Personally, the idea that so-called "entry level" guitars are now light-years ahead of the MIJ beasts I used in the 60's and beyond can't be anything but a benefit. How many wanna-be rock (and folk) gods found themselves put off by the extra effort required to play a so-so or worse instrument with no intonation, a bridge height measured in inches and a flexible neck with frets applied seemingly at random and unlike those of us here, simply quit. I had more than one guitar in my teens that had one or more of those issues when I was first starting out. My first decent guitars (an Aria and a Fender Coronado) were a revelation about what a guitar really could be, and my playing was immediately elevated simply because they made it much easier (and somewhat less painful!) to play.

In order to keep the price point low enough using to ensure adequate volume, manufacturers of most anything must farm out the making of their things to venues where wages are low enough to keep costs down. Otherwise, consider what an i-Phone would cost you if it was totally 100% made in Cupertino. Or for that matter, how much your new vehicle would be if had to be 100% made using domestic-source parts instead parts imported from other countries and assembled in Detroit, Bowling Green or Windsor, for that matter (shout out to Dave!).

Unless and until the cost of living equalizes on a global basis (highly unlikely) it will always be the case that to keep the cost of everything from shirt buttons to SSLVO's down to where us regular folks can afford 'em, manufacturers will continue to source their material (and sometimes the assembly of same) offshore. So long as Quality Control is kept up to snuff, it really is not a 'bad' thing.

Plus it keeps a bunch of folks gainfully employed in other countries. Better employment leads to less restiveness in the populace, leads to more stability, less conflict, and in the end, more time for us to play our guitars, which I happen to think is not a bad thing.

11

In the 50's & 60's, when Japan was still recovering from WWII, Made In Japan usually meant cheap and second rate, but that was a long time ago. Made in USA usually meant it was the best there was, but that was a long time ago too.

12

Great points here! Thoughtful good responses.

I’m definitely not against Japanese-made products; I just prefer ones made in the USA. I admit that’s nationalism, and I expect and value anyone to be proud of their own country, whichever one they may live in.

Anyway, it’s more about the placement and font. I just think it looks cheap on a stellar instrument. Someone at Gretsch should simply question why that info isn’t tastefully added to the interior label. (See Fender’s new California series acoustics for example, or Taylor acoustics.)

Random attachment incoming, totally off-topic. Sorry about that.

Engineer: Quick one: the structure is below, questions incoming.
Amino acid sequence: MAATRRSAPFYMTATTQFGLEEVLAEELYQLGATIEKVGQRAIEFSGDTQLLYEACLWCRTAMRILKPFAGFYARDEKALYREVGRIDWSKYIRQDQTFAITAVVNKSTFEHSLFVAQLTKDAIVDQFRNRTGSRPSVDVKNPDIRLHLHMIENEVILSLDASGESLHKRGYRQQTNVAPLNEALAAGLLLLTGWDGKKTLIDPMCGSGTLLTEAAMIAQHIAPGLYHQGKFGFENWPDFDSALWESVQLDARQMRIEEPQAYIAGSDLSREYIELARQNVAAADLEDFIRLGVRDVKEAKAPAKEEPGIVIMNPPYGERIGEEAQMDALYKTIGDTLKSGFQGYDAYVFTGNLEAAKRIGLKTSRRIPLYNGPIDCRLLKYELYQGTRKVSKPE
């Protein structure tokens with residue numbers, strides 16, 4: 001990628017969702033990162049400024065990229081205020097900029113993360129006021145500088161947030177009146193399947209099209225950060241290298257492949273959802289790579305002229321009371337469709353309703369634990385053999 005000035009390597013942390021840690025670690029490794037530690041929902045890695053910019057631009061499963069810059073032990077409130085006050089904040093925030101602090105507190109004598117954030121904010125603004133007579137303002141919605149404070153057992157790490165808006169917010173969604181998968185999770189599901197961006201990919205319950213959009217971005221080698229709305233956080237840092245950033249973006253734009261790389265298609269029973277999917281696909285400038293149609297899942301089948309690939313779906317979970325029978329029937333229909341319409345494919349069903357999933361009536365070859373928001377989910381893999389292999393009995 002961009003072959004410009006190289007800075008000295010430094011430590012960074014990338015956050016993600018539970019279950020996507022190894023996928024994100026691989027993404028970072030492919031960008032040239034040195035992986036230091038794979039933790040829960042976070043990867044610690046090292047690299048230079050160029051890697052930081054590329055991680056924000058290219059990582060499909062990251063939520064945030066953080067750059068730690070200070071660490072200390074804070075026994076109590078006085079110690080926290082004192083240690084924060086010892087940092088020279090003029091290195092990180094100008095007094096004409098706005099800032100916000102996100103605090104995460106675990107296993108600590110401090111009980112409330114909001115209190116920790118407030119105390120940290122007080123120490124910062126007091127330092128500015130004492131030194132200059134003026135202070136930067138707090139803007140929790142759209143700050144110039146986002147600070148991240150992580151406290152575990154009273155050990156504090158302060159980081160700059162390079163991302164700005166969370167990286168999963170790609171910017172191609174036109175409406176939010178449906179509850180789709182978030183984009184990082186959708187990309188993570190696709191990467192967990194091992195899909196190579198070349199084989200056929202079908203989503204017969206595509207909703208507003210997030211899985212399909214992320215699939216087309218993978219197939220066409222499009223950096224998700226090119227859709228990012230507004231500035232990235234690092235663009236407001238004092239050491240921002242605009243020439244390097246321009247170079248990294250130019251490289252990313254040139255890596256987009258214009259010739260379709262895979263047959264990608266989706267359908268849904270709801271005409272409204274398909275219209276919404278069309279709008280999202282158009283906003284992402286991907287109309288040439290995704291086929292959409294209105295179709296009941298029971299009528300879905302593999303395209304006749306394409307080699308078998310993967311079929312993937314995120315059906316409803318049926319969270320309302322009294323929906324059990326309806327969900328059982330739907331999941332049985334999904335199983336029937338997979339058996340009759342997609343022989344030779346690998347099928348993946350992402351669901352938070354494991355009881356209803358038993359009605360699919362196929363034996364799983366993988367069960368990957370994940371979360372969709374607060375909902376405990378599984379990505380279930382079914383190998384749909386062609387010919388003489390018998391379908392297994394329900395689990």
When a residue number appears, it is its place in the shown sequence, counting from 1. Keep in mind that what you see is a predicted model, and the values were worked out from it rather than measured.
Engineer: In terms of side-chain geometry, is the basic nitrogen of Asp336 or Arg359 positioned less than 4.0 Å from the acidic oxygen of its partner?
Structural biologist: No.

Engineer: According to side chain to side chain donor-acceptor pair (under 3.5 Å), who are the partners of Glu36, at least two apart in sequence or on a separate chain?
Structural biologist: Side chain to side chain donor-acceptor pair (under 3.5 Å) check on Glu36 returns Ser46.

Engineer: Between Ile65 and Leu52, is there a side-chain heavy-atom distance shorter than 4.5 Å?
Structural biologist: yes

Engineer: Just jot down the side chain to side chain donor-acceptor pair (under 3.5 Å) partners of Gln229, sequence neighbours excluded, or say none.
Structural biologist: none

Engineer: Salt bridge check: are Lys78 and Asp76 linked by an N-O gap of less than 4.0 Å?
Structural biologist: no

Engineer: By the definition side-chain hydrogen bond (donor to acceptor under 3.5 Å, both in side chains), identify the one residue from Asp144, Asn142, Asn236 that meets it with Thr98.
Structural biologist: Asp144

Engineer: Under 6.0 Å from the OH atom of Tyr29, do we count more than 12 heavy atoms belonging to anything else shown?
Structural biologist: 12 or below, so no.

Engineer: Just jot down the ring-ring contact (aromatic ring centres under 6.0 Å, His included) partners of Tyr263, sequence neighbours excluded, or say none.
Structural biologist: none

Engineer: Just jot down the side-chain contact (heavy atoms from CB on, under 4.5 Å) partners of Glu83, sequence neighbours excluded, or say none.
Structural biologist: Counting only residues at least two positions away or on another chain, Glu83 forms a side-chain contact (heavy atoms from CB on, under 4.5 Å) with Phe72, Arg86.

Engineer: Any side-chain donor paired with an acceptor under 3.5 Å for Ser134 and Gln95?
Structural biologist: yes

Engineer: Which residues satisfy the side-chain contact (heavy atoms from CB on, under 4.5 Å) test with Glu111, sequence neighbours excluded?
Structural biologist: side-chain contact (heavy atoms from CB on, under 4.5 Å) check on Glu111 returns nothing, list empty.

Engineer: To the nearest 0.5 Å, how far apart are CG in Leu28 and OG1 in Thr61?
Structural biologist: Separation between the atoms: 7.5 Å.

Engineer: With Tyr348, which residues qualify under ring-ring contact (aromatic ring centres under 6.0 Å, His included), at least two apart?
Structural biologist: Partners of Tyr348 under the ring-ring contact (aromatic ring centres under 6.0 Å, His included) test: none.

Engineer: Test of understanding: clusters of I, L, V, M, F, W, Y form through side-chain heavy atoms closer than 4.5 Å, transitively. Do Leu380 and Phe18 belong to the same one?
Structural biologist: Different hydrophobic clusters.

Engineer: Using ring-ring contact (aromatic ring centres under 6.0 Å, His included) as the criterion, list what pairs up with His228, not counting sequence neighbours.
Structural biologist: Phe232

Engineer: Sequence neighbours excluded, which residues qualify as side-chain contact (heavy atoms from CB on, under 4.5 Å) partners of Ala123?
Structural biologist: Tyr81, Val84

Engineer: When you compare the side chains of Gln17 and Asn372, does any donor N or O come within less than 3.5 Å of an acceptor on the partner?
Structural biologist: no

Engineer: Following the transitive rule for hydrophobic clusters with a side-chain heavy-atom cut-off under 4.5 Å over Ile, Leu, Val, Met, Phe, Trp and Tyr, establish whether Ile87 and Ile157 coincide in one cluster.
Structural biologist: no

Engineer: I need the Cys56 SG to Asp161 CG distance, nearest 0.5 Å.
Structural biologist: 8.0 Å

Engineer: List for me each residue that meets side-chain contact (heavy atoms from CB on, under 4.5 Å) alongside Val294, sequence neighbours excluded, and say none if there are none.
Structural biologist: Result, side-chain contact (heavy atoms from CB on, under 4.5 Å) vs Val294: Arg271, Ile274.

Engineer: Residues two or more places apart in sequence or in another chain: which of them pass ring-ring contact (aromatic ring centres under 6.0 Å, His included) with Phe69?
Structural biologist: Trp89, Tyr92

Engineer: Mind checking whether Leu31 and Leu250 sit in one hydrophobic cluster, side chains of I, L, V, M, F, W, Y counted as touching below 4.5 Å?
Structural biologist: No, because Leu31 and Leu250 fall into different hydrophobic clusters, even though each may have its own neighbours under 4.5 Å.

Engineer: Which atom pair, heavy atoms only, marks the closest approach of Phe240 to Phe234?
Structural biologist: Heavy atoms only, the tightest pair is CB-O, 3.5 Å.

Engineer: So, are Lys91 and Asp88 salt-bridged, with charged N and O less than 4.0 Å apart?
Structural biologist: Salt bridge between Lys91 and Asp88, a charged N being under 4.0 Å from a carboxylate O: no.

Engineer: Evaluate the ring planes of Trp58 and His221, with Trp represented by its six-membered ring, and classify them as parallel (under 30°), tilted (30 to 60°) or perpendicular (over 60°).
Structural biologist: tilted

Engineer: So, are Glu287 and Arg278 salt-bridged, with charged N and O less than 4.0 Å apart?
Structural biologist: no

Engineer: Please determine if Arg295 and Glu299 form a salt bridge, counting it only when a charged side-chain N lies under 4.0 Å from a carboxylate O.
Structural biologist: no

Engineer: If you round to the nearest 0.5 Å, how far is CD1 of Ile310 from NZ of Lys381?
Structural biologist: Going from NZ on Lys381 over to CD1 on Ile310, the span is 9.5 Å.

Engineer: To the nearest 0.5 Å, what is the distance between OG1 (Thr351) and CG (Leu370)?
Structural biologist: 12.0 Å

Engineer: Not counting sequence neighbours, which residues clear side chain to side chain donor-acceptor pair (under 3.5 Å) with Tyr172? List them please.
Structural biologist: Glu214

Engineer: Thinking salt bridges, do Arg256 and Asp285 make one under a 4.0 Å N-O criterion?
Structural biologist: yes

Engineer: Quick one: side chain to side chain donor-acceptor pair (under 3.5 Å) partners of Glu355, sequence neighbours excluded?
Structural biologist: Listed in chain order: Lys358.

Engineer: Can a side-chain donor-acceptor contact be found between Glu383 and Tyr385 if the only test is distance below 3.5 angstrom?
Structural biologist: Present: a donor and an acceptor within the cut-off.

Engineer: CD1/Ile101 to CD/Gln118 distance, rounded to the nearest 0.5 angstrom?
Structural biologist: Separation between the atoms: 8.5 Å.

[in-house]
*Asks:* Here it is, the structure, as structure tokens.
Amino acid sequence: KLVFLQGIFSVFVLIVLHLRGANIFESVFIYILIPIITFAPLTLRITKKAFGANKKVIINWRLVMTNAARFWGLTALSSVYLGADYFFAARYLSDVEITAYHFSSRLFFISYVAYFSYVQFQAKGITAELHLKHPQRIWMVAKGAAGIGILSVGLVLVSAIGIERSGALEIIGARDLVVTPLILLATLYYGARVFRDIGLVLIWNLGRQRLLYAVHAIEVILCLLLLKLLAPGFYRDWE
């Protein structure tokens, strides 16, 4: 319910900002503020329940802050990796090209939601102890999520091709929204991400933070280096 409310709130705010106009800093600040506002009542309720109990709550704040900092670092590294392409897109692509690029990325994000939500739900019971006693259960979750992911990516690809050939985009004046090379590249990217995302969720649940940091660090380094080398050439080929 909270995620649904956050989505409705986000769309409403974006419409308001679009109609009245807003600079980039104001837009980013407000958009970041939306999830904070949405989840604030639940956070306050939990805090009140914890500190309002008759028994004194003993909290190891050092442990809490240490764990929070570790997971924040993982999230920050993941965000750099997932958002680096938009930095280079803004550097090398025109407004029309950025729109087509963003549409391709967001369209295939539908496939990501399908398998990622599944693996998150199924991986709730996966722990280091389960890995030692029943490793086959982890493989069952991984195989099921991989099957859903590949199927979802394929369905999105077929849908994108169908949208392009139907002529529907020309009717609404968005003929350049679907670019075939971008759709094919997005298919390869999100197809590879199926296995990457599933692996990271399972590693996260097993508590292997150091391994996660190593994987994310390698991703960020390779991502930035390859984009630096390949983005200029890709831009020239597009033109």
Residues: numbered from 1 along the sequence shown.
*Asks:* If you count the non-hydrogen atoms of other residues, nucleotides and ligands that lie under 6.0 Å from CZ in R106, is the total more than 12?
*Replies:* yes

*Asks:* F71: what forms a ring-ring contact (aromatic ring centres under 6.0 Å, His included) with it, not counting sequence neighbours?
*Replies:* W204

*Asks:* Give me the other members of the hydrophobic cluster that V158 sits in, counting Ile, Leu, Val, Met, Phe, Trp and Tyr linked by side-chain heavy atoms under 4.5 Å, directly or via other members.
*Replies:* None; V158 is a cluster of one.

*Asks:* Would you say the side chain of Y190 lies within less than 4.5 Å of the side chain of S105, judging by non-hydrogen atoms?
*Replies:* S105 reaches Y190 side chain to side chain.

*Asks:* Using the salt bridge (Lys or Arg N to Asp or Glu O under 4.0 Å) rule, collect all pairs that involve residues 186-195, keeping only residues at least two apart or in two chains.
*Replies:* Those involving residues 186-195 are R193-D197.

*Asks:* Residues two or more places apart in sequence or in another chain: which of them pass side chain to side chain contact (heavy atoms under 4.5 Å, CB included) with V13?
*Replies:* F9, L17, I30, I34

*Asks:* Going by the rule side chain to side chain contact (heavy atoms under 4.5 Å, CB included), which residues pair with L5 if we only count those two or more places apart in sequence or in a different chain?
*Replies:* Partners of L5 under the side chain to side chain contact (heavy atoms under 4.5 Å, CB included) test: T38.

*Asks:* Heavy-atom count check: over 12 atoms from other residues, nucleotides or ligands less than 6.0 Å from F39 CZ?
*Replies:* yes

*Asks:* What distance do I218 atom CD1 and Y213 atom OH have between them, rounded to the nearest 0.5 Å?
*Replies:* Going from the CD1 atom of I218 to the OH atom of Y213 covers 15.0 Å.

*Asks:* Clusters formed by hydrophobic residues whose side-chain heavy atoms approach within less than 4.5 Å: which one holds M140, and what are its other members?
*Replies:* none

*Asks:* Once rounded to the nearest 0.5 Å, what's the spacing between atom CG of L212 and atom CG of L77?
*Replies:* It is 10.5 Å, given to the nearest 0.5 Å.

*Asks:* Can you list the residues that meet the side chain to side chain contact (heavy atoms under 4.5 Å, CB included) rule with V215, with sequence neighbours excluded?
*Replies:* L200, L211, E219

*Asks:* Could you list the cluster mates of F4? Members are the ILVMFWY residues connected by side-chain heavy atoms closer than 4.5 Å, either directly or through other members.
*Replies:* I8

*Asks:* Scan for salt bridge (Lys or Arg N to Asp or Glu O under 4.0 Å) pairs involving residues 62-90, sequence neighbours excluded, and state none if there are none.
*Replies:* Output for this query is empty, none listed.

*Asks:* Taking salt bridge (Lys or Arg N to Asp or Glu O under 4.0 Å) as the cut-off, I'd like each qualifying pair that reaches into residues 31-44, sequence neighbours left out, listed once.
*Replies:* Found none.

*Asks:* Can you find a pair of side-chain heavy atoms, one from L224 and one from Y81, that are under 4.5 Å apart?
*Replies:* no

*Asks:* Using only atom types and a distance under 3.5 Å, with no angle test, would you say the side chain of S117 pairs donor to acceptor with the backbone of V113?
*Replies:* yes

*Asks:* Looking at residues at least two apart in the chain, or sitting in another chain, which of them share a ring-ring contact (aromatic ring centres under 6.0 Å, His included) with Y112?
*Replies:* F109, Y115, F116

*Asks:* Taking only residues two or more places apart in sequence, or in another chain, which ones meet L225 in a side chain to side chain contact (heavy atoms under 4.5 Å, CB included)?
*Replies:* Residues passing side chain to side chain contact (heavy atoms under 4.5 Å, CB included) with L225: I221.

13

50-60 years ago, "Made in Japan" was something to be avoided. The "Made In USAs" meant quality, tho that was due also to the fact that all of our allies and enemies had nearly been bombed back to the Stone Age. Now,due to the difference in wages, lots of things are made overseas as labor costs here would make things totally unaffordable for the masses. Why pay someone $40/hr. when you can pay someone $40/wk.?

I'd prefer Made in America myself, but, I'm perfectly happy with imports. I'd be happier if tariffs were the same both ways. You can get Custom Shop, or older Made in America instruments if it's that important to you.

14

Nole, could you please post a photo of this Made In Japan logo on the back of your headstock. I'm curious about how this looks.

I am nationalistic but I have no issue with guitars made overseas. I do understand your point about wanting a Made In USA Gretsch. I am understanding of it but when I first saw your post I thought you meant Japanese Gretsch guitars weren't good but I know now you don't mean that.

15

Just to clarify. I hope when people are saying 'nationalism' they really mean 'patriotism' as nationalism is actually a negative thing that is disturbingly on the rise worldwide.

The Difference Between patriotism and nationalism is that the patriot is proud of his country for what it does , and the nationalist is proud of his country no matter what it does ; the first attitude creates a feeling of responsibility while the second a feeling of blind arrogance that leads to a war .

For example Hitler gained power largely by tapping into nationalistic feelings in Germany and amplifying them. https://www.libraryofsocial...

About guitars:

I think I want to own the best made and coolest guitars there are... but I actually own some 50s and 60s, made in USA Gretschs, which fall into the 'coolest' category but definitely not the 'best made' category. In fact in some cases they're laughably sloppily made. Definitely a cash in sort of mentality rather than a pride in work mentality. I still like them though, but not at all because of where they are made. I have a early 70s Japanese archtop (excellent build quality and a lovely guitar and a late 80s Japanese archtop, also excellent build quality) I think the modern Japanese Gretschs are probably better built than the vintage US ones. I would own one but I like old things.

A fine guitar is a fine guitar regardless of where it's made. Be proud of the fine Japanese craftsmanship that went into your guitar.